OxyContin Maker Sought 'Blizzard of Prescriptions’, Court Documents Show

OxyContin bottle on store shelf

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The notorious legacy of OxyContin continues to be a major black mark against Purdue Pharma. And that mark is only getting worse as a court case against the opioid manufacturer has revealed company officials used deceptive marketing practices to boost sales of the drug.

Documents in a Massachusetts court case show that former company president Richard Sackler announced at a launch party for OxyContin after its approval that  his colleagues should imagine a “blizzard of prescriptions.” Sackler, according to the Associated Press, predicted that the number of paper prescriptions for OxyContin would be “deep, dense and white.” Sackler’s comments were revealed publicly in a lawsuit brought against the company by the Massachusetts attorney general, which, like many other government entities, has taken legal action against the company for the aggressive manner in which it marketed the opioid painkiller that led to untold levels of addiction. The lawsuit brought against the company in Massachusetts is the first one to publicly point a finger at the Sackler family, the AP reported.

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During the court case, the attorney general’s office revealed the contents of internal company documents that had not yet been made public. The attorney general’s office noted in court that Sackler’s boast of a prescription blizzard came true. Additionally, the state lawyers said that the Sackler family, which controls privately-held Purdue, was aware of the dangers of OxyContin, but pushed for more prescriptions regardless.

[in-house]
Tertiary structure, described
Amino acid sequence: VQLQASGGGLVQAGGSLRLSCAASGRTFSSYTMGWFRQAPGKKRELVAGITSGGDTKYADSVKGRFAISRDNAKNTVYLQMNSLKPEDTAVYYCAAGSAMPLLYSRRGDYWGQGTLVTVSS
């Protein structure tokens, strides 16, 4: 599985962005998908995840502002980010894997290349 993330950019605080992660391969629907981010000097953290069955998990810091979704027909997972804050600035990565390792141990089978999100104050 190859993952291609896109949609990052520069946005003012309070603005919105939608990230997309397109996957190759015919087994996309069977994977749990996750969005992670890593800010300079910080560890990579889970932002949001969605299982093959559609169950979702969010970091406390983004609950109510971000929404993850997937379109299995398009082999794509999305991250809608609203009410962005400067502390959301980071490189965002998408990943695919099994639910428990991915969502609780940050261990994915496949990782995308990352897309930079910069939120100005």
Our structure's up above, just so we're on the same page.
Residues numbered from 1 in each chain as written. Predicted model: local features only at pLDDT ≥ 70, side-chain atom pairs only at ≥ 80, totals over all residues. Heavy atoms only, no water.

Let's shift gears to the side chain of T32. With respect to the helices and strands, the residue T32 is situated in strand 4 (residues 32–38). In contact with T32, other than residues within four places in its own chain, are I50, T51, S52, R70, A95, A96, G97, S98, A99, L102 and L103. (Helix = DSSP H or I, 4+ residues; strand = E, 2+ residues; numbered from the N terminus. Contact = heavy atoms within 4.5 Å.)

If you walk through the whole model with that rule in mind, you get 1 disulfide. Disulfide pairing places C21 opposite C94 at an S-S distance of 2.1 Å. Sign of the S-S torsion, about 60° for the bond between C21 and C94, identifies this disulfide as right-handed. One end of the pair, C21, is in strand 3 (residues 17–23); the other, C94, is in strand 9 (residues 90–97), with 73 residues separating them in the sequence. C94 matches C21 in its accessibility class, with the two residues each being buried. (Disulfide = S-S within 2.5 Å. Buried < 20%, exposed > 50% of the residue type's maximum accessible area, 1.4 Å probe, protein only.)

The information revealed in the Massachusetts courthouse bolsters a 2018 report released by the U.S. Department of Justice that showed the company knew about “’significant’ abuse of OxyContin in the first years after the drug's introduction in 1996 and concealed that information.” The DOJ report said that Purdue executives knew the opioid pills were being crushed and snorted as abusers sought to get high faster. As BioSpace reported when the DOJ report was released, the government cited internal reports from Purdue sales representatives and said the words “street value,” “crush,” or “snort” were used 117 times between 1997 and 1999.

Opioid abuse has become a national epidemic. Recently, the National Safety Council issued a report that showed that more people in the United States are more likely to die from an opioid overdose than a car crash. Purdue Pharmaceutical has sought to distance itself from becoming the poster company for opioid abuse. In the Massachusetts court, company attorneys criticized the state’s attorneys for “cherry picking” comments from millions of company documents to create “biased and inaccurate characterizations” of the company and its executives, the AP reported. Additionally, the company attorneys stressed that OxyContin accounts for a small portion of opioid abuse in the United States and said that heroin and fentanyl are causing most of the opioid-related deaths.

“In a rush to vilify a single manufacturer whose medicines represent less than two percent of opioid pain prescriptions rather than doing the hard work of trying to solve a complex public health crisis, the complaint distorts critical facts and cynically conflates prescription opioid medications with illegal heroin and fentanyl,” Purdue Pharma said, according to the AP.

Last year Connecticut-based Purdue made several major strides to address the opioid crisis. The company cut its sales force in half as the company changes its marketing strategy for its chronic pain pill. Purdue also said it will no longer be promoting opioids to prescribers. Purdue also named a new head of corporate social responsibility as it continues to grapple with negative attention due to the rampant opioid crisis across the United States.

The court case in Massachusetts is a legal action taken against the company separate from more than 1,500 cases being overseen by a judge in Cleveland. According to the U.S. Department of Health and Human Services, 116 Americans die daily from opioid overdoses.

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